The privet growing rampant by the house may be a nuisance and impossible to eradicate and interfering with one’s nice plan for a nice architectural aspect, but it shows that there is a vital energy flow and nutrient soil (just where you don’t want it to be!). This is the ironic twist to the history of internal dissension in the Church, whatever form it has taken: that everyone begins and ends insisting that this “collective”, this “body”, this mystery, does what each wants and hopes it will do, and this includes those who would see themselves as nothing but loyal.

    The way I see it, the paramountcy of “keeping-the-party-line” – not individual doctrinal presentations themselves – is what has led to the serious and widespread breakdown in perceptions of loss of integrity and actual loss of credibility and moral authority in the church. It is a category error to see the breakdown as the cause of a problem; it is, rather, the effect of a problem. But don’t let people tell you it is the result of dissenters’ sinfulness: we are all in sin together.

    • Nice imagery Stephen. I’ll remember it!

  • Florence

    Quote:“We have said: we want to create a different world,” he remarked. “Let us strive then to create a climate of honesty, of righteousness, of justice, which means the fulfilment of what pleases God.”Unquote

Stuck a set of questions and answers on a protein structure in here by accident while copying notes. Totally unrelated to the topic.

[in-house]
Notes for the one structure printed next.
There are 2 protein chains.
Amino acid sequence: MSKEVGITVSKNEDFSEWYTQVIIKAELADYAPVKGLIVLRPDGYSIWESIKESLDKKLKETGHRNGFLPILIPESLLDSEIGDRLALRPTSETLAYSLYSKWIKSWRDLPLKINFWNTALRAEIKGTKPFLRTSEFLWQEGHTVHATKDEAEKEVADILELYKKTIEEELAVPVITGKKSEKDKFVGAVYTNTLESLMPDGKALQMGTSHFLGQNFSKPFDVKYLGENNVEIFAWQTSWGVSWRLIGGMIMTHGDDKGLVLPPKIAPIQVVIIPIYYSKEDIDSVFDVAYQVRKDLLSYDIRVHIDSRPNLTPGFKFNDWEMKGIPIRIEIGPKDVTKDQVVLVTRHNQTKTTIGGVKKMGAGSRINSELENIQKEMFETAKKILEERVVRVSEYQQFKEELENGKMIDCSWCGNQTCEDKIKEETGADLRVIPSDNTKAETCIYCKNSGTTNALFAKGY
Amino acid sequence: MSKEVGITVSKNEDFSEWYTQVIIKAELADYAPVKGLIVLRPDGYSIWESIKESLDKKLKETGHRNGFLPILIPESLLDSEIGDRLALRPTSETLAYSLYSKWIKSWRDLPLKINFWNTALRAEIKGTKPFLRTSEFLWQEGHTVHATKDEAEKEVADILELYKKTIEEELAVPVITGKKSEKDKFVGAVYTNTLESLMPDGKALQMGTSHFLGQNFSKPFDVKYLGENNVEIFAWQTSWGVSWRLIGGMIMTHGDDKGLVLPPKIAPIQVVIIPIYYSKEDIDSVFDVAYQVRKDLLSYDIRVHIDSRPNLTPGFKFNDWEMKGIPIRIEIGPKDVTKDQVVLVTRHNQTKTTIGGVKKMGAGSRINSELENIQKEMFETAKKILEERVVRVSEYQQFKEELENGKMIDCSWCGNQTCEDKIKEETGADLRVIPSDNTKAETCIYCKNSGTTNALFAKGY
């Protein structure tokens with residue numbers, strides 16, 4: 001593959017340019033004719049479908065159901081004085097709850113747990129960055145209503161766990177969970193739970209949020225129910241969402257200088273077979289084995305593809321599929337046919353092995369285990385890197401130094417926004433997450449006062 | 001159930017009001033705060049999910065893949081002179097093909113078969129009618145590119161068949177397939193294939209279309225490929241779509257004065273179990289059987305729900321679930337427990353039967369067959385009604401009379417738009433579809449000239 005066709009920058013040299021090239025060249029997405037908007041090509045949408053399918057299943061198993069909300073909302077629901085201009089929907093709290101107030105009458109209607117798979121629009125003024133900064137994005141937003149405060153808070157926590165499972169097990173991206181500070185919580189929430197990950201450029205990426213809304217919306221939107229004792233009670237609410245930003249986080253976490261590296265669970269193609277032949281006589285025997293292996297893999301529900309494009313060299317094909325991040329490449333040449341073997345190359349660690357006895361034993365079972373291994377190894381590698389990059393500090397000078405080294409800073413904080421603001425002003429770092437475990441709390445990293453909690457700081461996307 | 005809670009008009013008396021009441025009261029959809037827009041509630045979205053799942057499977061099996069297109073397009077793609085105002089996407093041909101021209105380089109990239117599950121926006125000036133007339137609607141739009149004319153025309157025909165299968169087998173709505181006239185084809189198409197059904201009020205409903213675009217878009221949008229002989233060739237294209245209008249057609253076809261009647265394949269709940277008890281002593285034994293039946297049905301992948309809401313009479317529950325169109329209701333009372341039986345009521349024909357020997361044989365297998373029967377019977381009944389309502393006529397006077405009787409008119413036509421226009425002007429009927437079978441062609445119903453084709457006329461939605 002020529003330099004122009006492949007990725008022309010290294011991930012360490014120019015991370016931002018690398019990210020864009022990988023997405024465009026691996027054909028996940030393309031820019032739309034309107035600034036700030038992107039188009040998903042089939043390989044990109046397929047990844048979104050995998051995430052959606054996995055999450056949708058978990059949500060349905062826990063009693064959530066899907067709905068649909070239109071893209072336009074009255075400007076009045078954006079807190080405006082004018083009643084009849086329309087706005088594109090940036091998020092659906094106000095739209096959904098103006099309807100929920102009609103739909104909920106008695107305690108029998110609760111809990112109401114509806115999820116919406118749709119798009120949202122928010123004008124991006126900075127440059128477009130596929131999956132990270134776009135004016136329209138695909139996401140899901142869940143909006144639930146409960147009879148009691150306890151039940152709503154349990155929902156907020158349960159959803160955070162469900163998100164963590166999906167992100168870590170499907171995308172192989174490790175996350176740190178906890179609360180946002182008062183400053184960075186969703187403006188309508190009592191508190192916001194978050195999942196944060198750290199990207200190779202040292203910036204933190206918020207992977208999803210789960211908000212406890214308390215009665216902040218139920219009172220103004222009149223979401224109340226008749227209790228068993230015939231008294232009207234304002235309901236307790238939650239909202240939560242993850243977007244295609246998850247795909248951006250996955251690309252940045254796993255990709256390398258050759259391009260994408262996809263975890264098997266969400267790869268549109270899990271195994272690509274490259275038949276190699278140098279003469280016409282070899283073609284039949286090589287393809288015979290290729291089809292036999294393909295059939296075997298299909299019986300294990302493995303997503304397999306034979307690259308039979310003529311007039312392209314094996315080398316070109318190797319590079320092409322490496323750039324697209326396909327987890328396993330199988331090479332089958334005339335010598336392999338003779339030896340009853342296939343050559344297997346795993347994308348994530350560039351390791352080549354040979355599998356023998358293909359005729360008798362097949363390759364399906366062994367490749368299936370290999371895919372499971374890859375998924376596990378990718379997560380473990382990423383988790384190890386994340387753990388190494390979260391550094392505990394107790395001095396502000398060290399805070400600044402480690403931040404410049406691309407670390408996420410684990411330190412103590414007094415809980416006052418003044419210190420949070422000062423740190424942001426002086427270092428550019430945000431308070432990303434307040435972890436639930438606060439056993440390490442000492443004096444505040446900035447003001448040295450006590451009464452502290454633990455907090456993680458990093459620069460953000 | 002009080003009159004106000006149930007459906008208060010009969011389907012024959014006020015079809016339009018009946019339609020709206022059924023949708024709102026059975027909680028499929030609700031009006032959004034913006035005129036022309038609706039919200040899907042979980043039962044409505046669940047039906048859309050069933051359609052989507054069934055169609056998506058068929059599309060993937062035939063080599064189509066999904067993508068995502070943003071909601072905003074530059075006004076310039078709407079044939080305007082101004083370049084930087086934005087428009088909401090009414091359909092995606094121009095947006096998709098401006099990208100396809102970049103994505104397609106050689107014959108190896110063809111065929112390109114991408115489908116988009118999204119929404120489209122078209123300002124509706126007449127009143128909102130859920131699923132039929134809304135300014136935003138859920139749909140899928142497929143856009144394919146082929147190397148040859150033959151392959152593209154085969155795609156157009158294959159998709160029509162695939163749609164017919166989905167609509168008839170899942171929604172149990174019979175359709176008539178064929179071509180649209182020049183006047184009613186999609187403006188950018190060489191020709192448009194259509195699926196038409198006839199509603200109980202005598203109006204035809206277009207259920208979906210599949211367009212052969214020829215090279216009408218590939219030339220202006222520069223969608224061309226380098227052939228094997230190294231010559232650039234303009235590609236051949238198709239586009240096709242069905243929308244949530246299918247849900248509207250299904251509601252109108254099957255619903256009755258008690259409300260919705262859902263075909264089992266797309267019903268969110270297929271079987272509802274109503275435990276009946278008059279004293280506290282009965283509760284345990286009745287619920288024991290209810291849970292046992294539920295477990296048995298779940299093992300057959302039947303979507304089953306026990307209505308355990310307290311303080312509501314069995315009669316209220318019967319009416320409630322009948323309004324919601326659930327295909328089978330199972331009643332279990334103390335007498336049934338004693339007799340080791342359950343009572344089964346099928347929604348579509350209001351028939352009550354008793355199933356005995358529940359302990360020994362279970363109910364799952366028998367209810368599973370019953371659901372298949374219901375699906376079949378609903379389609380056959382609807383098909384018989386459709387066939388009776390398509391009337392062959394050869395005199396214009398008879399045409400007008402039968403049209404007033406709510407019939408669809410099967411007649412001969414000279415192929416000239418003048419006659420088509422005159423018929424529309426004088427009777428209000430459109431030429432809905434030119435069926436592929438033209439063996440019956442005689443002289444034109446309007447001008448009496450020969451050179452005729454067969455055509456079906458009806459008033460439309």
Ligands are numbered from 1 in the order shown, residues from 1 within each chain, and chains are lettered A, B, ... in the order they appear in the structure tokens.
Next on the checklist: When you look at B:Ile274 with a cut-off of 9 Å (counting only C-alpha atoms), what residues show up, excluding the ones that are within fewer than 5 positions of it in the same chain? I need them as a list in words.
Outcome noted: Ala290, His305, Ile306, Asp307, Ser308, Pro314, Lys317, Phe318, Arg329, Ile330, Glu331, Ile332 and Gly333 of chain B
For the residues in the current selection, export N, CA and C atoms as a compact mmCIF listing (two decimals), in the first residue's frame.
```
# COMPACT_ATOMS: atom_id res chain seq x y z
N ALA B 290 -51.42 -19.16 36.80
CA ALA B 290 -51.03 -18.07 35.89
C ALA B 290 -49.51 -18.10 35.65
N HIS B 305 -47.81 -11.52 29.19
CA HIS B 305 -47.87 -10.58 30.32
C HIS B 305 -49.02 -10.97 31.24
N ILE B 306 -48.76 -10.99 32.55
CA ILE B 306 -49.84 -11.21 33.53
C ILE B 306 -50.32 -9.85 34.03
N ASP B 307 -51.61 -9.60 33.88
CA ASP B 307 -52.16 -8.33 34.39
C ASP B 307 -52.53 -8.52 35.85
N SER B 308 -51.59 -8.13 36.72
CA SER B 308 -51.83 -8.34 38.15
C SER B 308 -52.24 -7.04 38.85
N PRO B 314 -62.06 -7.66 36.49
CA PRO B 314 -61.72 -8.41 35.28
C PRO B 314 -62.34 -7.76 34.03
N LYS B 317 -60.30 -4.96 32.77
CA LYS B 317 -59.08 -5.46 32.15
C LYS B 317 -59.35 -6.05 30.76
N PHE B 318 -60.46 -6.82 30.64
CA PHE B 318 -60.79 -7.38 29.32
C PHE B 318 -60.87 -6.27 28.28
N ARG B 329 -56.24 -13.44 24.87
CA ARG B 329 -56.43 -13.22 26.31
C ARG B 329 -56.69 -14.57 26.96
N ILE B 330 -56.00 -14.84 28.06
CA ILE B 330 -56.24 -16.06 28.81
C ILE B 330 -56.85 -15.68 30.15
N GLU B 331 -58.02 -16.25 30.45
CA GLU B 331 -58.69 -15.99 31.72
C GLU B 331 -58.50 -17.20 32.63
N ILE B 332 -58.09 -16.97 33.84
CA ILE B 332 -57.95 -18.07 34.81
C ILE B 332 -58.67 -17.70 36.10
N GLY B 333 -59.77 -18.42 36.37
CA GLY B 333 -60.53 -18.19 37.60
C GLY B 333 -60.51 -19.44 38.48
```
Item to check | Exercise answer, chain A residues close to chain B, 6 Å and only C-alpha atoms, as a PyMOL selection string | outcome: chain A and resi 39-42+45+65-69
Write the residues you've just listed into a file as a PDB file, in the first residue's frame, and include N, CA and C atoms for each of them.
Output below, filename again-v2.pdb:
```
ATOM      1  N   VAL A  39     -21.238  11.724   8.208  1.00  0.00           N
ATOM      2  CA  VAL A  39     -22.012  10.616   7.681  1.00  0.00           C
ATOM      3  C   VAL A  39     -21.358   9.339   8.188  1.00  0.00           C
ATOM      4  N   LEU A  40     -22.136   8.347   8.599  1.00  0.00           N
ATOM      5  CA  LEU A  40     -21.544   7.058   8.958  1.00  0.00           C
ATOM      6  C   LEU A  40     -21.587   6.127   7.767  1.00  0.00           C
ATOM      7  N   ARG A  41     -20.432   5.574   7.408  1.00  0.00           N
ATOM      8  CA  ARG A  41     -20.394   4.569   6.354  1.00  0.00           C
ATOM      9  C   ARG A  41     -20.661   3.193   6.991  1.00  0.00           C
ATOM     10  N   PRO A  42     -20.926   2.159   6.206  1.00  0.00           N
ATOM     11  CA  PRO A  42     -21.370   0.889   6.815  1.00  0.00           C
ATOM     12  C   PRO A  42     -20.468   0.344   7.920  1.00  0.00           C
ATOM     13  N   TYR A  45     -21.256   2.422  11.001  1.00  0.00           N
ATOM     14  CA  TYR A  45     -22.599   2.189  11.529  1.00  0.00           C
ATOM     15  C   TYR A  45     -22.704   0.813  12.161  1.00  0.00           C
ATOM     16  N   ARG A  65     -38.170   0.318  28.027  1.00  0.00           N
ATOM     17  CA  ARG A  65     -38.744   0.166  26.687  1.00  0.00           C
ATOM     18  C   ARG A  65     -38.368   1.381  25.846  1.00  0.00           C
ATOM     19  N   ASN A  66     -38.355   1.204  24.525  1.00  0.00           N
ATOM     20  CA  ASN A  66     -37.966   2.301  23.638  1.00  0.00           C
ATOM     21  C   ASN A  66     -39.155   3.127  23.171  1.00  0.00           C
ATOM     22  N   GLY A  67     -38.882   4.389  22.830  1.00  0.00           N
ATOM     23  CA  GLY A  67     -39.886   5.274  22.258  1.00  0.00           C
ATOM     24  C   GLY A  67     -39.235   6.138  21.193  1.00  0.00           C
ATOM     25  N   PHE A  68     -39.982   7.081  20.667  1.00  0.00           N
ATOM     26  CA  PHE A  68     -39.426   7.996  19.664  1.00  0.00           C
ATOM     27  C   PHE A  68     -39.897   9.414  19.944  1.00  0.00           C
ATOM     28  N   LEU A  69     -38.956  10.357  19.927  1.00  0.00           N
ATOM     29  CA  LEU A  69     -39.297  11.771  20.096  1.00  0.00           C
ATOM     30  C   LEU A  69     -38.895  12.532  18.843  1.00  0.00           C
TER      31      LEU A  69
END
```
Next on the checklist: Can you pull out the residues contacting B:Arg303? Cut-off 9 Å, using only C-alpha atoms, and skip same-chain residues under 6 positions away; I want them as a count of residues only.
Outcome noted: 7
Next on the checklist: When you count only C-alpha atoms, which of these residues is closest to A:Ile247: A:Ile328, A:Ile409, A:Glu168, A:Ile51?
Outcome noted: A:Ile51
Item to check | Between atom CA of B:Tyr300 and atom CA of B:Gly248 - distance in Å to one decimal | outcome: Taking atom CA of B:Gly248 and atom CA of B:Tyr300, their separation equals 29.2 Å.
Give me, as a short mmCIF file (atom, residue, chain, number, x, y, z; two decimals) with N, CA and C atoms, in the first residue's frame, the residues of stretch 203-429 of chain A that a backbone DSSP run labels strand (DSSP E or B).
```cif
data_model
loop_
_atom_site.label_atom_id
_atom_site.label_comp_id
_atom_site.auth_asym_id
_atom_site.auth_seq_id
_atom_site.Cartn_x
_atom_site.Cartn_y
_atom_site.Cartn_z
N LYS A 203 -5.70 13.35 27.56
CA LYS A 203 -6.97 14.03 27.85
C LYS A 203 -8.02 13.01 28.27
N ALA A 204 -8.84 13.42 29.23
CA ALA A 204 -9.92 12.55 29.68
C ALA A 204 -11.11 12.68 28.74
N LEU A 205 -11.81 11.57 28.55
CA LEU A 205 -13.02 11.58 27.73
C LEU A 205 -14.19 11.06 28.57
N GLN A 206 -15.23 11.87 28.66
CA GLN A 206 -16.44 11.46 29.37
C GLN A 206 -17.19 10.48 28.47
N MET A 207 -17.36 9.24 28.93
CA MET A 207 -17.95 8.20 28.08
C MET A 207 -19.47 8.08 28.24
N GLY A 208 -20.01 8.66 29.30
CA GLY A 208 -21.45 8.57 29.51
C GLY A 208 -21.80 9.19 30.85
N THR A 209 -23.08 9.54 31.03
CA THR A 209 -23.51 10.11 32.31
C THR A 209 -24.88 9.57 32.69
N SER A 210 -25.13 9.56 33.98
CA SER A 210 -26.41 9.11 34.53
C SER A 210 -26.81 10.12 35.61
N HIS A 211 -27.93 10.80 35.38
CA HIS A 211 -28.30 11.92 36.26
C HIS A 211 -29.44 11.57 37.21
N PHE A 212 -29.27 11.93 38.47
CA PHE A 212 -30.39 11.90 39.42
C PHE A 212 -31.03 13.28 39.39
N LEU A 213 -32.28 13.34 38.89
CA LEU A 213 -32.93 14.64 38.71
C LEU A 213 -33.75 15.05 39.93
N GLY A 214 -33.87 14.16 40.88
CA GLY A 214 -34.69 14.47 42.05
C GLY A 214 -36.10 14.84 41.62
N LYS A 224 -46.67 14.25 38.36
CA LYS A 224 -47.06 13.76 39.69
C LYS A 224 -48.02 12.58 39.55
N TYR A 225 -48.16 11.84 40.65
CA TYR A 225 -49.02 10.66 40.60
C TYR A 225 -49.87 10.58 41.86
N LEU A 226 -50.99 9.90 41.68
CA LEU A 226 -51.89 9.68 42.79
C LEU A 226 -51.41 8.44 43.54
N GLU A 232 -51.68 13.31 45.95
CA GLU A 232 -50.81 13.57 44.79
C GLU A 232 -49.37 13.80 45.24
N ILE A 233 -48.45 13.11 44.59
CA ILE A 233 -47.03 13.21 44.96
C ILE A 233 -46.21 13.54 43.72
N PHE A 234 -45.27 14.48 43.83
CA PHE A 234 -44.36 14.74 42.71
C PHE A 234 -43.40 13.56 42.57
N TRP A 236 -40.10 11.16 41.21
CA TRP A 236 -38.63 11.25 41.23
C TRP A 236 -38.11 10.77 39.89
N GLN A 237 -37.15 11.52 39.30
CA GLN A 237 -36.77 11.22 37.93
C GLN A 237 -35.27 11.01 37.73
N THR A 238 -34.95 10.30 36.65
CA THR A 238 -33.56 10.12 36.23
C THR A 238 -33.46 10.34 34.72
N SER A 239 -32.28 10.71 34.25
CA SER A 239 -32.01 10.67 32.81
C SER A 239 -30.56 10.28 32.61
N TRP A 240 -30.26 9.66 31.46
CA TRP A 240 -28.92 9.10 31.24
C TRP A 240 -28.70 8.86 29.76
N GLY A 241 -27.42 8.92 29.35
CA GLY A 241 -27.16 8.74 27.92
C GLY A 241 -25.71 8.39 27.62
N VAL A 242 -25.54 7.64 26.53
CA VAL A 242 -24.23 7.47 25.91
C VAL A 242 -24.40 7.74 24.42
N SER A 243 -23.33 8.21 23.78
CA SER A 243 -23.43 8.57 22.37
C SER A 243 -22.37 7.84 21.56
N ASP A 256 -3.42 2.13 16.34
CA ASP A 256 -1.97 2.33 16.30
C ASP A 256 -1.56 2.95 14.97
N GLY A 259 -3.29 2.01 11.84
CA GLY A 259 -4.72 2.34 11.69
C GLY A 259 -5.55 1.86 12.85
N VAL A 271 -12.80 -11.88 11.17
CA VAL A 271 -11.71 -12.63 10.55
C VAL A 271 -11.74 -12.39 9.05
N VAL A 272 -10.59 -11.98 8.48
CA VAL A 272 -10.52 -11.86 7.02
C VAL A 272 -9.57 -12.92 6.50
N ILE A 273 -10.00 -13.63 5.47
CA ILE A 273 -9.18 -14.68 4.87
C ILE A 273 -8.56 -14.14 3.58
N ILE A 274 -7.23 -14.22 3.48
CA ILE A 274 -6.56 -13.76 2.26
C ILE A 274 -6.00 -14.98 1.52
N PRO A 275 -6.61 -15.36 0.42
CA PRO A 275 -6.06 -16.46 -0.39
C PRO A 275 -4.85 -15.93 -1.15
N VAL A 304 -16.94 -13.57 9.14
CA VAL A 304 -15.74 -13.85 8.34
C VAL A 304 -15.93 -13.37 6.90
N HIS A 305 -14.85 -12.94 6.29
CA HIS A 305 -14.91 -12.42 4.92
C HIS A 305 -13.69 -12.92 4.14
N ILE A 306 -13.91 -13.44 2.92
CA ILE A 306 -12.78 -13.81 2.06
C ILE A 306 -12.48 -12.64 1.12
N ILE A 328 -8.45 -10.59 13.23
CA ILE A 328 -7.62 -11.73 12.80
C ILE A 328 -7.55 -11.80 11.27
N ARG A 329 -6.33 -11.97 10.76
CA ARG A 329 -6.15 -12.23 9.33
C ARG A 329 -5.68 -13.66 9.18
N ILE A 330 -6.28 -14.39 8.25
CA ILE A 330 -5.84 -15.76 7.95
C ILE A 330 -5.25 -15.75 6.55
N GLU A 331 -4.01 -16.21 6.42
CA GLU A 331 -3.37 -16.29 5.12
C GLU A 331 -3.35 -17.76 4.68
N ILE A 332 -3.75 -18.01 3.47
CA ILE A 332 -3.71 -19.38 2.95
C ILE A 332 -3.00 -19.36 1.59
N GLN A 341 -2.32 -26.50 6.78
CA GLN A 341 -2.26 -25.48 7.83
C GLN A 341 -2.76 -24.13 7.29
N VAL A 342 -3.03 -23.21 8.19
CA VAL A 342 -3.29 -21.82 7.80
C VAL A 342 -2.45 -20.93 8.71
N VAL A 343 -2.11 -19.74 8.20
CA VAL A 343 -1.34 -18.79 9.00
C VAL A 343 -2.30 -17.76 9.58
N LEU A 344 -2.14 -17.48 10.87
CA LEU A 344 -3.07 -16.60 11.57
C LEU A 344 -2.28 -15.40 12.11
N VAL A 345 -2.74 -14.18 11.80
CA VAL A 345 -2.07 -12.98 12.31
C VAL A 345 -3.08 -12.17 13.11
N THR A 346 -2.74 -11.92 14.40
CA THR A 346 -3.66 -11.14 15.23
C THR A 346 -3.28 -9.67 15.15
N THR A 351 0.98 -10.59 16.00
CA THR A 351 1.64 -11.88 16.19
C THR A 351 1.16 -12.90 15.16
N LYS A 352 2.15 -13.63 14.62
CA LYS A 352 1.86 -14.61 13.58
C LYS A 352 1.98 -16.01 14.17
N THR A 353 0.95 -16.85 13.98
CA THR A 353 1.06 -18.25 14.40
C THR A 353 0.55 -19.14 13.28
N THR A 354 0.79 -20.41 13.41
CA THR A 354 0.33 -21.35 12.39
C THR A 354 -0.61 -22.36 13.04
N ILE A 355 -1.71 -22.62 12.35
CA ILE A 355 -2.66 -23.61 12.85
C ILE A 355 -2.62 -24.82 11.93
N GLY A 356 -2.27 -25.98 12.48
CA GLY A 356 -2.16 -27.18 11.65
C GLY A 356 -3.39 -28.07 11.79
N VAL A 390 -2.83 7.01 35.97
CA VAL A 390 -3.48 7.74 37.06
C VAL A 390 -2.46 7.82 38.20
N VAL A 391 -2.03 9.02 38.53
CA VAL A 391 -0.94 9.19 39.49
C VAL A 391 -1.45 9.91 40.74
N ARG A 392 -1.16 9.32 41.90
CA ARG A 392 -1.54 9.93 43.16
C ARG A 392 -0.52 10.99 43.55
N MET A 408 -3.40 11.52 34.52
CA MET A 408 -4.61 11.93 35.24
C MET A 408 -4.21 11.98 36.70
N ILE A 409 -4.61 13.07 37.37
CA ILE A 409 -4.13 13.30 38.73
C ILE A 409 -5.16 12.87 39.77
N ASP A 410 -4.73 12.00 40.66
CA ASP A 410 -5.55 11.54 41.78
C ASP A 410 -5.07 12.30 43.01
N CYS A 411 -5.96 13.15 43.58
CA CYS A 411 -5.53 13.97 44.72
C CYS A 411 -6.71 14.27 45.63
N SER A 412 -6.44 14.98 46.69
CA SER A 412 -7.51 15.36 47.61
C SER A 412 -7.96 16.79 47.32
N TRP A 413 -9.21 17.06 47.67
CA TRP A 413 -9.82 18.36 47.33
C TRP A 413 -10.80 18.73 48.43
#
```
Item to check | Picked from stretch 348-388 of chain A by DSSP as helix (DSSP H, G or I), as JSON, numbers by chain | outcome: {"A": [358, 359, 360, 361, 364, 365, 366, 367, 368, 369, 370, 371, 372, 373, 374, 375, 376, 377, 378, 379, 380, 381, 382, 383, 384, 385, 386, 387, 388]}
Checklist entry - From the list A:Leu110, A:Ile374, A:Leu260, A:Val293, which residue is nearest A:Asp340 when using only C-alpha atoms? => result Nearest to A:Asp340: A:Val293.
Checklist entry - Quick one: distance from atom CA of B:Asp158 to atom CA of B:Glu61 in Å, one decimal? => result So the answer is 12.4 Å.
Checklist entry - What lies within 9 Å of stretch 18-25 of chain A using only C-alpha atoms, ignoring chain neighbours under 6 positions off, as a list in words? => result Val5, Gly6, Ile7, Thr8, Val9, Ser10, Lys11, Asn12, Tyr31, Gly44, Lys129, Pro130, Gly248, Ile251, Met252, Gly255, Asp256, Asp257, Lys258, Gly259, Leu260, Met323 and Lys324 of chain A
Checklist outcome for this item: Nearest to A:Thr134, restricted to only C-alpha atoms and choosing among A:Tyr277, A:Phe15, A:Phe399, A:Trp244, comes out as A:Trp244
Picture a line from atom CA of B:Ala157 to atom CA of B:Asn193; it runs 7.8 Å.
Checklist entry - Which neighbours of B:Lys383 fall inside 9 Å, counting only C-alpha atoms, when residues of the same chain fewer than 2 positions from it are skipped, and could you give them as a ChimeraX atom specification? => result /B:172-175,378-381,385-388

Fr John, the above mentioned words of Don Pino is what really touched me, especially the words “which means the fulfilment of what pleases God”. All of us are called to create a different world – a world that would crave to do God’s Holy will.

    A human being is on the Way to Sainthood when that individual is willing to do whatever is necessary to help the people of the world to do what is pleasing to God.

  • Joel

    Ironically, his surname is derived from the Latin word for ‘fighter’. At least I think so.

    • Stephen K

      Joel, I’m always interested in questions of language. I don’t think you’re right here, though. I grant you that the first three letters “pug” are common to the latin “pugnare” and our English word and the name “puglisi” looks remarkably like “pugilist”. However, it didn’t sound right to me according to my linguistic instincts. I found this just then at http://www.houseofnames.com/puglisi-family-crest:

      “The Puglisi surname, though generally associated with the region of Tuscany is said to have derived from the place name Apulia (in Italian, Puglia)…”

      Another clue is the absence of the letter “n” immediately following “pug-“. Or word “pugilist” comes from the Latin “pugil, -is” for “boxer”. An Italian derivative from this word would be “pugile” which I believe it is. The “l” following immediately behind the “g” is the give-away clue.

      It is possible that if the good priest’s name was “Pugnisi”, I think we’d have a case for a fighter. But not otherwise. It seems he comes from a line of Apulians.

      • Joel

        I actually thought that might be the case! Keeping us honest as always. Nice work mate.

    • Anne

      “pugli” means “punch” or even as you suggest “fighter”

  • Thank you for supporting Fr Puglisi. what a terrible loss to us all. We have human trafficing here too and “catholic” Italian organized crime.